“I’m sorry to tell you this … but I really don’t like you. I know these sound harsh words, but with you out of the way, I was living well. Without you, we had no worries. Not only me, your brother, and your mom feel the same way. I didn’t want to tell you, but I assume it would have come out sooner or later.”
These opening words are addressed to Jong-du (Sol Kyung-gu), the protagonist of the 2002 South Korean drama Oasis (2002), by his sister-in-law as his mother, in the background, remains silent. This unfolds, shortly after his release from prison, served on behalf of manslaughter committed by his brother. What should be gratitude, let alone acknowledgment, is replaced by a despicable speech with which the viewer can but somewhat share.
For Jong-du, loving and being loved is not something “given,” not even by the one who gave birth to him and not even by those with whom he shares blood. Likewise, it is unlikely that a “normal” person would want anything to do with him. The viewer, presumably, would not want to have anything to do with him. Yet, Jong-du is neither cruel nor callous nor evil.
Jong-du is an example of the person we instinctively distance ourselves from when crossing the street. He communicates and looks at people strangely, violates personal space, lingers long where he is not wanted, does not understand social norms, and triggers in the counterpart the innate need to get away as soon as possible. He meets the co-protagonist, the daughter of the man whose death he took the blame for, thinking the family would have welcomed a basket of fruit as an apology. Implicitly suffering from a form of intellectual disability, he is, according to common feeling, “unpleasant.”
Similarly, the word “ugly” follows the female protagonist, Gong-ju (Moon So-ri), who suffers from severe cerebral palsy, rendering her unable to move and speak well. Gong-ju is poorly cared for by her family, who all live in a lovely apartment profiting on welfare benefits while renting a tiny one-room apartment in a suburb for the girl. Her care is entrusted to the generosity of her neighbors, who feed and treat her like an animal. She never asks for anything, partly because no one cares that she may have any demands. The director Lee Chang-dong himself explained that he chose a disabled person for the female character that would make her less pleasing to the eye.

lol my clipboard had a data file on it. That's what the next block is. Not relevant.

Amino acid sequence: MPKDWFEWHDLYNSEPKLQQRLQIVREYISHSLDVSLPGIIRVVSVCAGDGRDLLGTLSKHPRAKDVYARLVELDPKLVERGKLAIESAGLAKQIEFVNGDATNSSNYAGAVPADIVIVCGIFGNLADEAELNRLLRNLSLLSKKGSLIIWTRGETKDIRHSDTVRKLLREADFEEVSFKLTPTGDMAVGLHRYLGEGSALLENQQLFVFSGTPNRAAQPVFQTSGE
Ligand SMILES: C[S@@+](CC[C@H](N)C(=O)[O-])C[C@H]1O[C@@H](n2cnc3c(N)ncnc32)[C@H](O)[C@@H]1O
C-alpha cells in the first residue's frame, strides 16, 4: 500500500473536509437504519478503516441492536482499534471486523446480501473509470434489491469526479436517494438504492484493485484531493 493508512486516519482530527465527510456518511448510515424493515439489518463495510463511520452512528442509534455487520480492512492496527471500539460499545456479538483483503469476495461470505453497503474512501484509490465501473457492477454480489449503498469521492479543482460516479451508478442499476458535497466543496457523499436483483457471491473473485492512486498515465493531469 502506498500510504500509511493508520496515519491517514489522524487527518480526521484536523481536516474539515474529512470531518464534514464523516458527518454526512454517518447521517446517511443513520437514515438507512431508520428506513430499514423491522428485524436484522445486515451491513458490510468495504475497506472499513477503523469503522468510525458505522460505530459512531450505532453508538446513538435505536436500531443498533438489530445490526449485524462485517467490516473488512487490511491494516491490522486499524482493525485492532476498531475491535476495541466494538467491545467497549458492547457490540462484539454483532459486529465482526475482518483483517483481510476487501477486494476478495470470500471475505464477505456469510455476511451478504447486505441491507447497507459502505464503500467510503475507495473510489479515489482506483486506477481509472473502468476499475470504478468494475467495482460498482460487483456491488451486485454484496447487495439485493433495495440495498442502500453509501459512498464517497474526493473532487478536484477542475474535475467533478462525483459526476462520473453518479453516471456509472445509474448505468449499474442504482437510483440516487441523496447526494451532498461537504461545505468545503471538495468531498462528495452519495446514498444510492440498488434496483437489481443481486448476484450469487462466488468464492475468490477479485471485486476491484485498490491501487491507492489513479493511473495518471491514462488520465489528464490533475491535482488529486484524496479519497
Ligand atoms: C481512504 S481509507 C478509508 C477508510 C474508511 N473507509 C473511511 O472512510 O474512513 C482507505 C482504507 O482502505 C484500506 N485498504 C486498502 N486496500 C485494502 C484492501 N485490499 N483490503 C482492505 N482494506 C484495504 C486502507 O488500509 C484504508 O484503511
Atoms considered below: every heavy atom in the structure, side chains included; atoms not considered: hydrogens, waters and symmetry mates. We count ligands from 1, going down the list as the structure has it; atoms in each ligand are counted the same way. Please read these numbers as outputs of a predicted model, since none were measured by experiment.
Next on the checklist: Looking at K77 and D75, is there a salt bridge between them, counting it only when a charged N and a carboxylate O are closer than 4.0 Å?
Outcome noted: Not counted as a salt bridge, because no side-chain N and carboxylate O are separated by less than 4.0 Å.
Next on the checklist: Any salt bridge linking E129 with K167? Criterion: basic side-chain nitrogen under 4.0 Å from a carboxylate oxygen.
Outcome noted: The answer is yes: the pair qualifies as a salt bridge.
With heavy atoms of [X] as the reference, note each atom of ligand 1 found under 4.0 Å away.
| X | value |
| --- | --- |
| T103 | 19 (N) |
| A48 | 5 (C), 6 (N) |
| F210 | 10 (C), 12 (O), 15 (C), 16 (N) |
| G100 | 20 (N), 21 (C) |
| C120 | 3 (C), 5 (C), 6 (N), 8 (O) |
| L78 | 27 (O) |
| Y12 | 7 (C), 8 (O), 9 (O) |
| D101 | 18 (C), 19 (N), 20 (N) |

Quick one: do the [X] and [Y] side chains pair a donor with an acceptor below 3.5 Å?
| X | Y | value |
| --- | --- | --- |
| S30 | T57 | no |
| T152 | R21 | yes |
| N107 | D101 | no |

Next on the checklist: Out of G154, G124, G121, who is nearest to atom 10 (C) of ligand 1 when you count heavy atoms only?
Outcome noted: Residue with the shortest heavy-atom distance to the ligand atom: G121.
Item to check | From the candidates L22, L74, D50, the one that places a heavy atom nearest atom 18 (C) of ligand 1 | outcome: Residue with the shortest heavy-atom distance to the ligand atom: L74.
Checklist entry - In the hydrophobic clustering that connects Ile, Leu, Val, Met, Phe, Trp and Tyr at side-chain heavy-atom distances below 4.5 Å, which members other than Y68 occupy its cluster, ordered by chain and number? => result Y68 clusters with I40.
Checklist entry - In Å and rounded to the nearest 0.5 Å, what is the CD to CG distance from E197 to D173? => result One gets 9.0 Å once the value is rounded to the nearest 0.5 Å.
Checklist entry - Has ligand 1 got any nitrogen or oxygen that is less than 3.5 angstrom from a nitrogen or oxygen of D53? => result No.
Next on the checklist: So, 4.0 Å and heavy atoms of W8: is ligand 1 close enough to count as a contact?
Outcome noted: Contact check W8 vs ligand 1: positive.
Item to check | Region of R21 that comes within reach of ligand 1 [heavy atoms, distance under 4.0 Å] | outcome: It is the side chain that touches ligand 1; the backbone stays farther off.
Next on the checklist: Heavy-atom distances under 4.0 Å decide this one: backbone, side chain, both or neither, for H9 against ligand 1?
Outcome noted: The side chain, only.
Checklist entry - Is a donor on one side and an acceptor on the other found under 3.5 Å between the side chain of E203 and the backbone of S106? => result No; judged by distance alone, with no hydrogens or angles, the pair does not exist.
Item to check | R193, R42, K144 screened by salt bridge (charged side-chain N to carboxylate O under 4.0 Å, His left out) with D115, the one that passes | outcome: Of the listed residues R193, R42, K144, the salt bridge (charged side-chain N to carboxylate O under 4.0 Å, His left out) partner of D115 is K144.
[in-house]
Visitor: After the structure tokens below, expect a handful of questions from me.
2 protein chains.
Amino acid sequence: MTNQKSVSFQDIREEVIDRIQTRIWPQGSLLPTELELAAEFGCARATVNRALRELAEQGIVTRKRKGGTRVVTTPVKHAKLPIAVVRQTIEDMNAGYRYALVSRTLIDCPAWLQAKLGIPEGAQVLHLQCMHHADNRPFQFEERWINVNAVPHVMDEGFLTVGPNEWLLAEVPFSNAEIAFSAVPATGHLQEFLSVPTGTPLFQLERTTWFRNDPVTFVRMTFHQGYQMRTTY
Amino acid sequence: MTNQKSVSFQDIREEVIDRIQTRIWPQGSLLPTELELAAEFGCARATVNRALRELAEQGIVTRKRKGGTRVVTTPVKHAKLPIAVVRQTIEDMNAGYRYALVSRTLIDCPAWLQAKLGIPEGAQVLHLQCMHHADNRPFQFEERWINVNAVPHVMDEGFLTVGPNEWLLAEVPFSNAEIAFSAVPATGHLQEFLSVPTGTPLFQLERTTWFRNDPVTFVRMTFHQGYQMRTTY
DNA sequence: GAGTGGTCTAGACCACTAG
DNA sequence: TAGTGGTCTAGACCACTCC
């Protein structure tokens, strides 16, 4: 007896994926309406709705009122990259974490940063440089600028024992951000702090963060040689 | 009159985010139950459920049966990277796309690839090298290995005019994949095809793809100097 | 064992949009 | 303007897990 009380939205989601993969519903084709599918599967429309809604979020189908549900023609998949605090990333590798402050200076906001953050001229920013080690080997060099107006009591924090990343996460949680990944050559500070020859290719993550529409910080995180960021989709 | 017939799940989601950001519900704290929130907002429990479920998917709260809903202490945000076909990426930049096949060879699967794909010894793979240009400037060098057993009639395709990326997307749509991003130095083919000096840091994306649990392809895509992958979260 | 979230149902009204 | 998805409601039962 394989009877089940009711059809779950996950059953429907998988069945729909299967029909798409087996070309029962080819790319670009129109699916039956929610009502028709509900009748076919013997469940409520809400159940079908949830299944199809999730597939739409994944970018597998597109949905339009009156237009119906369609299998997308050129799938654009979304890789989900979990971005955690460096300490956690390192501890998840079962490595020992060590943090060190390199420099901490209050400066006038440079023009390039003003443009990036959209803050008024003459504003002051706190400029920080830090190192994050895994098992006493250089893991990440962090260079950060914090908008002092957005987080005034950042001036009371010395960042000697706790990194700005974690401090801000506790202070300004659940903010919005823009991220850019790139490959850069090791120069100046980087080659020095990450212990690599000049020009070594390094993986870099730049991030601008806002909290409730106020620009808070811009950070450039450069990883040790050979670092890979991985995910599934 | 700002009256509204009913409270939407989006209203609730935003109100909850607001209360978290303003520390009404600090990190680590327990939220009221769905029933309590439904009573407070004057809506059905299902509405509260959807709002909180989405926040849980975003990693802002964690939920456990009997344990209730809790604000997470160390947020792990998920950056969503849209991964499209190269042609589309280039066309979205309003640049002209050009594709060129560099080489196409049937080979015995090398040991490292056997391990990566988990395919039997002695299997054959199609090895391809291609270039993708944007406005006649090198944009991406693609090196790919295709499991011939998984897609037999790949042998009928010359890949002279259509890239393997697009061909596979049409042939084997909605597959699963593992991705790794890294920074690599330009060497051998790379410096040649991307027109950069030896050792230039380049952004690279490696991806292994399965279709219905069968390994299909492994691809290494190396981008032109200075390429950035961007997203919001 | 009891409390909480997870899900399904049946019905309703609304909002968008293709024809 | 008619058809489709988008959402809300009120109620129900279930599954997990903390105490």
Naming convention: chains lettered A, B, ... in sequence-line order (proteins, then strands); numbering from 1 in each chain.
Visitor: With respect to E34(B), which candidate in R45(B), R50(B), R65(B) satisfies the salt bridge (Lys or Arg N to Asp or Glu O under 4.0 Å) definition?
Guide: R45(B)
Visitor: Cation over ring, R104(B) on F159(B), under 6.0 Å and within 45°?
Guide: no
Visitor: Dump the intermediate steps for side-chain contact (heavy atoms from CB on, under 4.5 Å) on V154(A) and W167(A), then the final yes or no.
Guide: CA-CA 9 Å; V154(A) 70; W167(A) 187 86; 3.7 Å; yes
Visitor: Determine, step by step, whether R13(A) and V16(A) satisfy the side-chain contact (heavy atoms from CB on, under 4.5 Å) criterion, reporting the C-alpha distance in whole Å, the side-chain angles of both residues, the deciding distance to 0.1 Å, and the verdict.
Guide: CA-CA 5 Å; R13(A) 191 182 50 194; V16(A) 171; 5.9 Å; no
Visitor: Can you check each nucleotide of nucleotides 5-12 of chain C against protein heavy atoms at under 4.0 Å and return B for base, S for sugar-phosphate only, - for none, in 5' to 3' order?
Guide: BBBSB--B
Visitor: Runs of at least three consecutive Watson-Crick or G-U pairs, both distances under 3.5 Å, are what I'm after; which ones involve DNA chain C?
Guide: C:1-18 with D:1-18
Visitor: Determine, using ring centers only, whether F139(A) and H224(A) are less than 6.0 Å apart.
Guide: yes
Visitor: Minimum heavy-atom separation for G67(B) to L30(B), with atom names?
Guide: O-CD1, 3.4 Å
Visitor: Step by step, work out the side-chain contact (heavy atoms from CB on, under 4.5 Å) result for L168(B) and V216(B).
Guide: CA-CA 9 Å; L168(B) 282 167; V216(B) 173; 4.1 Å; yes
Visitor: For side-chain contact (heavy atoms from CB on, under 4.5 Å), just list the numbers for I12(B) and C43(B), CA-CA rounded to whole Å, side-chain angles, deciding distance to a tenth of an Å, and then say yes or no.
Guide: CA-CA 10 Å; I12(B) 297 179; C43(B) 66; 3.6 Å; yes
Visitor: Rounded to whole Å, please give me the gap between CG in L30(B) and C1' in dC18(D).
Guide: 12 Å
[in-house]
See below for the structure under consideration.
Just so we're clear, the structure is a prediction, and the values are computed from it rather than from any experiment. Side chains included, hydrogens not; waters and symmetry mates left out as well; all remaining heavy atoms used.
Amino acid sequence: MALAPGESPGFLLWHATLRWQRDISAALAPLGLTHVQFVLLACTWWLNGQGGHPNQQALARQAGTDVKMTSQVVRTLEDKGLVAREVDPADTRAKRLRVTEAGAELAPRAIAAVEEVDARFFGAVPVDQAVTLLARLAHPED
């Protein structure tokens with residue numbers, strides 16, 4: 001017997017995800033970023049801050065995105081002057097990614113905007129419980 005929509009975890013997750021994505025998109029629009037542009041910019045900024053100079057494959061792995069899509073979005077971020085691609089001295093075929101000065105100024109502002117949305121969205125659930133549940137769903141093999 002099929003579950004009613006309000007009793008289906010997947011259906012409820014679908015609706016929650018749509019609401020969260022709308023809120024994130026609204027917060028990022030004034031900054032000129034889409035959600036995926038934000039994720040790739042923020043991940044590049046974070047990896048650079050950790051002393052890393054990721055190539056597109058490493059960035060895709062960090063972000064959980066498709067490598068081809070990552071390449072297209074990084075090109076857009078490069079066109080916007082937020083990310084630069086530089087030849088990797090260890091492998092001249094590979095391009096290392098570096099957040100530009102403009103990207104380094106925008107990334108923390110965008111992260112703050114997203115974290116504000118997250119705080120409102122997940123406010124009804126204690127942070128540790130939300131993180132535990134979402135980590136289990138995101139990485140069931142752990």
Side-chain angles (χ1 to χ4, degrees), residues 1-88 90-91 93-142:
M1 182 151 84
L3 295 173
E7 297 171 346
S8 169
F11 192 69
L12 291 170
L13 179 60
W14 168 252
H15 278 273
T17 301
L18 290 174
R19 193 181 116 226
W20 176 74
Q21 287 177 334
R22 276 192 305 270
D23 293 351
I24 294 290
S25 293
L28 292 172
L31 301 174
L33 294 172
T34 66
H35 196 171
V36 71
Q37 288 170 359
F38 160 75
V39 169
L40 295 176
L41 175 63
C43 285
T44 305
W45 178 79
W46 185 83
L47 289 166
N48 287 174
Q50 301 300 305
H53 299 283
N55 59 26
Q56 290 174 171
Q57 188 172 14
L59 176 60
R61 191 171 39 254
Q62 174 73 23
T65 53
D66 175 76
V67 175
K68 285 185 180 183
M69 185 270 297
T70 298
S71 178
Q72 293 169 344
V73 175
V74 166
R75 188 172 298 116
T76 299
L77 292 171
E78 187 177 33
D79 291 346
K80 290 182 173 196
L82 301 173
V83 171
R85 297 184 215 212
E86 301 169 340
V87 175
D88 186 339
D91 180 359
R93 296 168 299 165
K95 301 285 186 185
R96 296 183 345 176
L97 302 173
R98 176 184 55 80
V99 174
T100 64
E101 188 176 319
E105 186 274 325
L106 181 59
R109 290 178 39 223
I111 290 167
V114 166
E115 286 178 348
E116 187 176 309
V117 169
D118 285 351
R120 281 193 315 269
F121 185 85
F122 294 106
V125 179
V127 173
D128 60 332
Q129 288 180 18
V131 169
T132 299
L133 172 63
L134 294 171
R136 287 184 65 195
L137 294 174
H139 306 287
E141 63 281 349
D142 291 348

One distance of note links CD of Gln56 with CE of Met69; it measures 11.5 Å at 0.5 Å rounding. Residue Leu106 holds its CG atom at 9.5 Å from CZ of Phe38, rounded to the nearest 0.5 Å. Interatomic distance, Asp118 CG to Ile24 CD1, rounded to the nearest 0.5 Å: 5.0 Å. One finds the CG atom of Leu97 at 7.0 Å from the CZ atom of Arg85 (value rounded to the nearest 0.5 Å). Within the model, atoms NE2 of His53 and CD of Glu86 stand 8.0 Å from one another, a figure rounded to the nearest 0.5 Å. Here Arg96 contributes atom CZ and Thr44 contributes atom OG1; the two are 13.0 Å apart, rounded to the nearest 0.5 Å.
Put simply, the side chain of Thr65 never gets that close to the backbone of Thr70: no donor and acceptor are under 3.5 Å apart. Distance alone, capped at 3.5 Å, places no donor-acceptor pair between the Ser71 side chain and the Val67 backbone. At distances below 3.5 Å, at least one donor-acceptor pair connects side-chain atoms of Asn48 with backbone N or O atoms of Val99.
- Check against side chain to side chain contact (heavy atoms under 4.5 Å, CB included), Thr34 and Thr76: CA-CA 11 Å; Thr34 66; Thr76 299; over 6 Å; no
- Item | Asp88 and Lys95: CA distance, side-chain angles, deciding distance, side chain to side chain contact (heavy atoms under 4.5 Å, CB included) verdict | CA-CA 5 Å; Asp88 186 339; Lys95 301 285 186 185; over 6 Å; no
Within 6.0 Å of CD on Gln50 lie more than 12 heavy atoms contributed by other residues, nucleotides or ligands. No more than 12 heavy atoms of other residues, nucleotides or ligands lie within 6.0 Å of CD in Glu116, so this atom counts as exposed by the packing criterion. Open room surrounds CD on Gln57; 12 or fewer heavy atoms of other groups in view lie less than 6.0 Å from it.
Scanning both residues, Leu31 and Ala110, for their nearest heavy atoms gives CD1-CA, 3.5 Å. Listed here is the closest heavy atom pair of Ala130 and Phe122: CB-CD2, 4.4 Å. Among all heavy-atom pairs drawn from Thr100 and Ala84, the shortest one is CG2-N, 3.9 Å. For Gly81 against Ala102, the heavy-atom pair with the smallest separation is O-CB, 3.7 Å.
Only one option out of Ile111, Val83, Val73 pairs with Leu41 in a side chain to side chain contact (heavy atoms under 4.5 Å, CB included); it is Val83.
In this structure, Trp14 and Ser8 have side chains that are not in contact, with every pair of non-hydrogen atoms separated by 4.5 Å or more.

For a woman, not reflecting the standard conception of aesthetic beauty is, in his opinion, an obvious source of societal marginalization. However, Gong-ju’s inner world is depicted with stylistic devices close to those of poetic representation. From her perspective, refractions of light and shadows project images only comprehensible to her – doves, butterflies, or even feasts and dances.
The two protagonists are portrayed and scripted with a clear objective: to represent not so much disability but how difficult it is to love and feel close to someone when the concepts traditionally underlying love are missing. More specifically, in the collective imagination, disabled people are often seen as perpetual children, unable to experience the desire for intimacy and affection, which are needs inherent to being human.